Transactions on Dgraph violated Causal Consistency

We found transactional causal consistency (TCC) anomalies on the Dgraph Cluster. According to link1 (see the following comment), Dgraph provides SNAPSHOT ISOLATION that is stronger than TCC. See the bottom for TCC details.

In our experiment we set up the cluster on a local machine with 3 server nodes. Here is the configuration information:

Dgraph Version == 21.03.2

server_node = 3
client_num(session_num) = 2
client_stub_num = 1
txn_per_session = 10
operation_per_txn = 10
key_number = 20
key_distribution = uniform

We are using a simple table schema, just containing key-value pairs. Here is the initialized table:

KEY VALUE
0 0
1 0
2 0
… 0
19 0

Note that, for each write on a key, the value (generated by the workload generator) is unique.

One anomaly was found on five transactions from two sessions, where r/w(A,B) denotes read/write value B on key A:

session 0 session 1

txn4 txn11
w(19,3) r(10,3)
w(19, 25)

txn5 txn13
w(10,3) w(0,22)
w(19, 25)

txn6
r(0,22)
r(19,3)

txn4 and txn6 have “write-read” order on key 19, denoted by txn4 ->wr txn6; txn13 and txn6 have write-read order on key 0, i.e., txn13 → txn6.

To satisfy transactional causal consistency txn13 must be ordered before txn4 because we already know txn4 → txn6 and txn13 → txn6 and txn6 read the value of key 19 written by txn4. Thus we have commit order txn13 ->co txn4 (see the bottom for the definition of commit order). However, txn4 can reach txn13 via txn4 ->so txn5 ->wr txn11 ->so txn12 ->so txn13. Hence, there is a cycle between txn13 and txn4 that violates TCC.

*** Causal Consistency ***
The causal consistency we checked is defined in the paper published on SOSP’11 (“Don’t settle for eventual: scalable causal consistency for wide-area storage with COPS”). In this paper the authors define a consistency model—causal+. Causal+ is slightly stronger than causal consistency because it adds convergent conflict handling. Another paper from POPL’17 (On verifying causal consistency) also has the definition of this property as below:
“There is a total order between non-causally dependent operations and each site can execute operations only in that order (when it sees them). Therefore, a site is not allowed to revise its ordering of non-causally dependent operations, and all sites execute in the same order the operations that are visible to them.” Also, causal+ consistency is strictly weaker than SNAPSHOT ISOLATION.

*** Ordering Transactions ***
The “wr” order means two transactions contain write/read operations on the same key with the same value respectively, thus the transaction with write operation should happen before the transaction contains the read operation.

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link 1: dgraph. io/docs/design-concepts/consistency-model/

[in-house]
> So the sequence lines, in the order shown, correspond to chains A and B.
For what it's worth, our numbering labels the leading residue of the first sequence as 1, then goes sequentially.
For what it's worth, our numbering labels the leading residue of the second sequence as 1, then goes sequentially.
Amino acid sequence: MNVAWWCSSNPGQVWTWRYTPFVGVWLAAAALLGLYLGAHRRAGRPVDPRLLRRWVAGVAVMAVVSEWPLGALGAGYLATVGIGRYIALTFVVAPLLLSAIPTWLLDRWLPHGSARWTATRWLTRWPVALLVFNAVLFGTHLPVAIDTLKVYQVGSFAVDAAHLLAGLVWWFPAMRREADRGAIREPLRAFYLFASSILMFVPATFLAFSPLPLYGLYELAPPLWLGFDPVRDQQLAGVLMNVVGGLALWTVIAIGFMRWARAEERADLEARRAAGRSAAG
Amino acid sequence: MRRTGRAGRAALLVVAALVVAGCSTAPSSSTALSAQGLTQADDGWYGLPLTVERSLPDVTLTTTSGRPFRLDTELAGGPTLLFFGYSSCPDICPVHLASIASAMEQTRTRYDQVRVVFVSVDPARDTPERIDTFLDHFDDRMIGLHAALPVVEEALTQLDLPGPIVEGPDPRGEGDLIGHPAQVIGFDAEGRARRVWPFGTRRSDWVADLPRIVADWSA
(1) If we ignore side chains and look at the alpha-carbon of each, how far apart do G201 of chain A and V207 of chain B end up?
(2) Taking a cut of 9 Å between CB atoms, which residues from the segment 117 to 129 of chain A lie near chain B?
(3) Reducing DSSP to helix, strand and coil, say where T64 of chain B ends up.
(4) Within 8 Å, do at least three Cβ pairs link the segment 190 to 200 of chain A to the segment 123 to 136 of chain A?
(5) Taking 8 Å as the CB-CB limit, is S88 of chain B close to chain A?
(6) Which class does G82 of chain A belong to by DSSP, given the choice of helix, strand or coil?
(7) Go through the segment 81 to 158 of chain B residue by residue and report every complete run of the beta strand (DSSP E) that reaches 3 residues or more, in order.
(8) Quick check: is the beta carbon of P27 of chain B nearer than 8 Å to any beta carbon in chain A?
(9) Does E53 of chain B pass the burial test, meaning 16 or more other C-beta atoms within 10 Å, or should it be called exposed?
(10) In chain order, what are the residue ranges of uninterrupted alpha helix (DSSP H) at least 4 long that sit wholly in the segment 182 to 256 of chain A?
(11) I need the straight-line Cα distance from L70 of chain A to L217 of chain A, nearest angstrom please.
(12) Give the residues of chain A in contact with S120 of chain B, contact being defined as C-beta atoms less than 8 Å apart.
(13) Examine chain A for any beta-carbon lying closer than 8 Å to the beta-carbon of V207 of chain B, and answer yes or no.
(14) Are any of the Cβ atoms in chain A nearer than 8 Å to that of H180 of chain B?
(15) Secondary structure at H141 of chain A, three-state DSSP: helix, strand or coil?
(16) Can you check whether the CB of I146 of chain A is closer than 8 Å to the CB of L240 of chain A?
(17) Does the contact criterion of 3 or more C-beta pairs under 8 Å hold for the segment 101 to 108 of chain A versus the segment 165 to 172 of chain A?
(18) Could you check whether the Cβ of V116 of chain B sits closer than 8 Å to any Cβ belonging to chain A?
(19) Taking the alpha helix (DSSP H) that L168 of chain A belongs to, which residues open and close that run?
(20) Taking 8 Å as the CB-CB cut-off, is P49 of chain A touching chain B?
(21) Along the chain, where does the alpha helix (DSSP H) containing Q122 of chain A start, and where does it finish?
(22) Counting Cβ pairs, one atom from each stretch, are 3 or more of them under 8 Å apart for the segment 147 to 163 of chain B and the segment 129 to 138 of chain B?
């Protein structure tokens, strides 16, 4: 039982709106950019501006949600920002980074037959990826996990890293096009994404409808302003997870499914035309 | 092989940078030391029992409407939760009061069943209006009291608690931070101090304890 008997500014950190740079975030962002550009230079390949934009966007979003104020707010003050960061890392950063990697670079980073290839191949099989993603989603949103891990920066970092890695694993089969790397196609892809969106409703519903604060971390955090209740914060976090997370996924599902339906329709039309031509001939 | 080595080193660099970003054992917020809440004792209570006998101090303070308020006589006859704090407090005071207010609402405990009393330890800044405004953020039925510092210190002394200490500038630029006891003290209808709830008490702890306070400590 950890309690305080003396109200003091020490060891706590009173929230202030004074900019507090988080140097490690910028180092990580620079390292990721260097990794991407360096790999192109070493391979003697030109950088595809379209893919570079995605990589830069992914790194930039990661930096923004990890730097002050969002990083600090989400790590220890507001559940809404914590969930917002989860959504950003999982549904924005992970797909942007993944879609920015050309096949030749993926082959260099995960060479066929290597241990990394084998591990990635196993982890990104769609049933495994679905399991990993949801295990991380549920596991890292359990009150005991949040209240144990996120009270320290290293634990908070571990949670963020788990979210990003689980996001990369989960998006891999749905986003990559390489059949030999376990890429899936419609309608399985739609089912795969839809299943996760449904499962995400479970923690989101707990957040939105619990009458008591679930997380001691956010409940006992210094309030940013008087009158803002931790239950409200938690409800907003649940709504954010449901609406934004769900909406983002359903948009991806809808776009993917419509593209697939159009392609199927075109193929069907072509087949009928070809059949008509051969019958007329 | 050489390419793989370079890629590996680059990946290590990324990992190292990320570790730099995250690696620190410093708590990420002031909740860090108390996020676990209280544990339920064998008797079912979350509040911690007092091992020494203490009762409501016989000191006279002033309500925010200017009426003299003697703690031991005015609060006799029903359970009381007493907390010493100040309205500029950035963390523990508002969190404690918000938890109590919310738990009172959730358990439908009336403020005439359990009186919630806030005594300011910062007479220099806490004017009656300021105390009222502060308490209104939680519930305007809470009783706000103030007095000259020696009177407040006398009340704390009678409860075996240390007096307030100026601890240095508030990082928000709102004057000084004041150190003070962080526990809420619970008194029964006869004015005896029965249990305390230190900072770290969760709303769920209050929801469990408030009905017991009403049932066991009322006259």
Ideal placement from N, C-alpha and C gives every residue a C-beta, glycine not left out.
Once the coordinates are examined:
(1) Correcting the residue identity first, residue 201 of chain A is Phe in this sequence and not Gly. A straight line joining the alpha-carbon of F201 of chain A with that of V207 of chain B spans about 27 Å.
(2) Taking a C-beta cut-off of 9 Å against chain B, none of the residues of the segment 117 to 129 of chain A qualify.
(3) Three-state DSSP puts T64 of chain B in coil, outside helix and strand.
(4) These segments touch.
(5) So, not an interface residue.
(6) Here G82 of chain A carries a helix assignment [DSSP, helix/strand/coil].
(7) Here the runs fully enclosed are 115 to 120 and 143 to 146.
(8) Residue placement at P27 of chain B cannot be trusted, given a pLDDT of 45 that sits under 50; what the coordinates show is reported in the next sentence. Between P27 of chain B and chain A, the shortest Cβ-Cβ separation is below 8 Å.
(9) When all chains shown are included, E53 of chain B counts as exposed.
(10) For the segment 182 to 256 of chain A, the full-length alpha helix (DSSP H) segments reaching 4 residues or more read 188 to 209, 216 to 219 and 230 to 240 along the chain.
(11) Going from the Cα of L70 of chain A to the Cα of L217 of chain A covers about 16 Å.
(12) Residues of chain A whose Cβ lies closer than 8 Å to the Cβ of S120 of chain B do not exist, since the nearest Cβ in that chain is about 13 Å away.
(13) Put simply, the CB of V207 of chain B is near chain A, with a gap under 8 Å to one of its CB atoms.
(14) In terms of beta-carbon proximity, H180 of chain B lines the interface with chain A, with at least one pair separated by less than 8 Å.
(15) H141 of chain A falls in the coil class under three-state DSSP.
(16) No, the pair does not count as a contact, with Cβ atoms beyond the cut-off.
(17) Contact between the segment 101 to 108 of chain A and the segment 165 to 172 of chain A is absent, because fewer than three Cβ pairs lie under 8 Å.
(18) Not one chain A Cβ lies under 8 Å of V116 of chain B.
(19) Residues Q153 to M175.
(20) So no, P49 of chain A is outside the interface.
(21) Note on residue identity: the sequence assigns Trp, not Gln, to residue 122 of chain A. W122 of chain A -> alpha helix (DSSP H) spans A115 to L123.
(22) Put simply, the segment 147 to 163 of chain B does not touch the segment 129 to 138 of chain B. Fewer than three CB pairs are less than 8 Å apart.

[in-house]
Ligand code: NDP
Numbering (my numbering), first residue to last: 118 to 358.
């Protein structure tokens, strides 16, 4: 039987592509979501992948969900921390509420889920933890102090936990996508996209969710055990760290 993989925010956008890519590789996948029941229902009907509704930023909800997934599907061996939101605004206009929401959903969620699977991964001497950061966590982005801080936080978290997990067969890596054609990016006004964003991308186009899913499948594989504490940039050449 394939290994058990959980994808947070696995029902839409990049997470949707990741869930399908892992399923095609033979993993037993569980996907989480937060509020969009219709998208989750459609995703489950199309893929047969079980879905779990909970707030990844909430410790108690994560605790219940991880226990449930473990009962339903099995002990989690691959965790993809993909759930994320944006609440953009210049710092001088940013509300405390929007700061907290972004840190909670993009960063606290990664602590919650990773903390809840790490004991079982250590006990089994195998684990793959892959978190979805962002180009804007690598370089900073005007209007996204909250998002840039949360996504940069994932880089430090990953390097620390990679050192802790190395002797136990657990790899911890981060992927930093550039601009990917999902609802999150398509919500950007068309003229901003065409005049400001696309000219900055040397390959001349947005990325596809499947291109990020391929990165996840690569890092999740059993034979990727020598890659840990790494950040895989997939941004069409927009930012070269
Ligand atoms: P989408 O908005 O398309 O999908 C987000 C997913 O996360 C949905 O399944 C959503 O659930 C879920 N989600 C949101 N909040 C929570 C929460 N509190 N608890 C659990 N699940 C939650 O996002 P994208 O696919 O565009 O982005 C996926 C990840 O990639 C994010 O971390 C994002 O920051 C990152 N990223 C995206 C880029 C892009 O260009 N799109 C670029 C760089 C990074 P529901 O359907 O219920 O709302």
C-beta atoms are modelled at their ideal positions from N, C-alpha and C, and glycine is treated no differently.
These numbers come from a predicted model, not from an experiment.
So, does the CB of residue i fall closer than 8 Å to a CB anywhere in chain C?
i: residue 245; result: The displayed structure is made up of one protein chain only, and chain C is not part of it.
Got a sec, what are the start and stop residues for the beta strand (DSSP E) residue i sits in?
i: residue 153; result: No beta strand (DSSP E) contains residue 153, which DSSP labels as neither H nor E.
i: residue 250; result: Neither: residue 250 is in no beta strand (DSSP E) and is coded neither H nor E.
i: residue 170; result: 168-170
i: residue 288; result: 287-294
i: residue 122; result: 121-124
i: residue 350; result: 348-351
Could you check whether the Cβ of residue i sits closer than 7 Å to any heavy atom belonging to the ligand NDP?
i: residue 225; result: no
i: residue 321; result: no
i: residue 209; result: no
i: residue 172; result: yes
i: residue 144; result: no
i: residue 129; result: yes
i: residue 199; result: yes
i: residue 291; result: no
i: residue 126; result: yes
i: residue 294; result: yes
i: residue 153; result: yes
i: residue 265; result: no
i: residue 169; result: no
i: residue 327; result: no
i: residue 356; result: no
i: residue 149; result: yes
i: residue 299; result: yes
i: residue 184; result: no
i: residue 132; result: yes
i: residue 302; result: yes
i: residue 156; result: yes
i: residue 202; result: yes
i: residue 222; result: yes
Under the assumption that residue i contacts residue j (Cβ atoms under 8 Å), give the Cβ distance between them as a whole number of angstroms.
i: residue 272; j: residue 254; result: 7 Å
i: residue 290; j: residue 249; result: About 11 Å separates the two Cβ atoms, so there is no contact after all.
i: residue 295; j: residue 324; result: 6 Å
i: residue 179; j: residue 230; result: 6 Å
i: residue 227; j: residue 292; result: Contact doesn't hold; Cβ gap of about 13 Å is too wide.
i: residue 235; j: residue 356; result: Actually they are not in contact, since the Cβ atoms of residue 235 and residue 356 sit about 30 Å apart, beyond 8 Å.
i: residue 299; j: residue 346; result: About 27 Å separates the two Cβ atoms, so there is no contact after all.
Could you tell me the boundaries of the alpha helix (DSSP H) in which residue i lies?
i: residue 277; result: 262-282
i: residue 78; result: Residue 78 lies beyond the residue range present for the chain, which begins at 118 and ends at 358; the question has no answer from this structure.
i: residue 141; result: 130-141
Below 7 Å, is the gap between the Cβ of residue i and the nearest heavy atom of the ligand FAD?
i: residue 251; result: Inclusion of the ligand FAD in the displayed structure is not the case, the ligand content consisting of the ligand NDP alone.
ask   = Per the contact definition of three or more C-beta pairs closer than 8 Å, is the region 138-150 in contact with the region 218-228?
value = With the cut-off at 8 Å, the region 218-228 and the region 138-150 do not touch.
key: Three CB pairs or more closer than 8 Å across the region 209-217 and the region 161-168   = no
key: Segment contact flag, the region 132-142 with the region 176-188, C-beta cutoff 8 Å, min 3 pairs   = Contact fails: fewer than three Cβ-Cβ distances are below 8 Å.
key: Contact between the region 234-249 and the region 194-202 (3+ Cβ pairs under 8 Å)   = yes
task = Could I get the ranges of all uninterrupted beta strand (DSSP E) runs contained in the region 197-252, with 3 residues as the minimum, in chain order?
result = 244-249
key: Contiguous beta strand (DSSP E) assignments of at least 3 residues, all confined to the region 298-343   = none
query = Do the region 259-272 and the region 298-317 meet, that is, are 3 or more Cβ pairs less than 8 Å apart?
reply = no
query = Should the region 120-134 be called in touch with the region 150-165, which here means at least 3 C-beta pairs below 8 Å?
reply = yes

For full dataset, please visit github . com/20211202na/dgraph_data/blob/main/data.txt.

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I don’t understand the issue. Can you share the test code used that we can run and reproduce this?

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Hi Daniel, I have uploaded the code in github. com/20211202na/dgraph_data/blob/main/data_generation.py .

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Hi Daniel, below is the well-formatted counterexample (5 txns from 2 sessions) shown in the post:

How do you run your example and reproduce the issue?

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  1. We use link_a (see the following comment) to deal with the client-side logic (e.g., generating txn workloads)

  2. For each run, “histories” of txns (values read and/or written) for all clients are also collected and printed.

  3. We then invoke the checker (the function run_oopsla_graph) in link_b to verify if the history violates transactional causal consistency.

Note that, since we are doing random testing (e.g., workloads are generated probabilistically), it’s hard (or even impossible) to reproduce a specific anomaly. However, we observed 5 to 8 violating histories per 100 histories with the setup posted. We believe that anomalies manifest with sufficiently large number of runs. Additionally, more concurrency is expected to give more anomalies, e.g., with more clients, less keys, more txns, more ops per txn, etc.

Please let me know if any question! Thanks!

Links in the above reply:

link_a: github.com/20211202na/dgraph_data/blob/main/data_generation.py

link_b: github.com/20211202na/dgraph_data/blob/main/run_verification.py

Hi Daniel, not sure if you could still see all our posts/comments in this thread. Many of them got hidden… How are we going to provide the links (to the code, the references, etc.) under such policy? Please help us out! Thanks!

@dmai In fact, after further investigation, this counterexample even violates “read atomicity” (RA), coined by Bailis et al. at SIGMOD’14 https://dl.acm.org/doi/10.1145/2588555.2588562. RA is even weaker than transactional causal consistency, which is in turn weaker than Snapshot Isolation.

The attached picture visualizes why our example violates RA (the red cycle). See Fig.2 (b) in https://dl.acm.org/doi/10.1145/3360591 for the formal definition, where t1, t3, and t2 are mapped to txn4, txn6, and txn13 in our case, respectively.

PS! txn11 in our example has only one operation r(10,3). Sorry for the bad formatting in previous comments.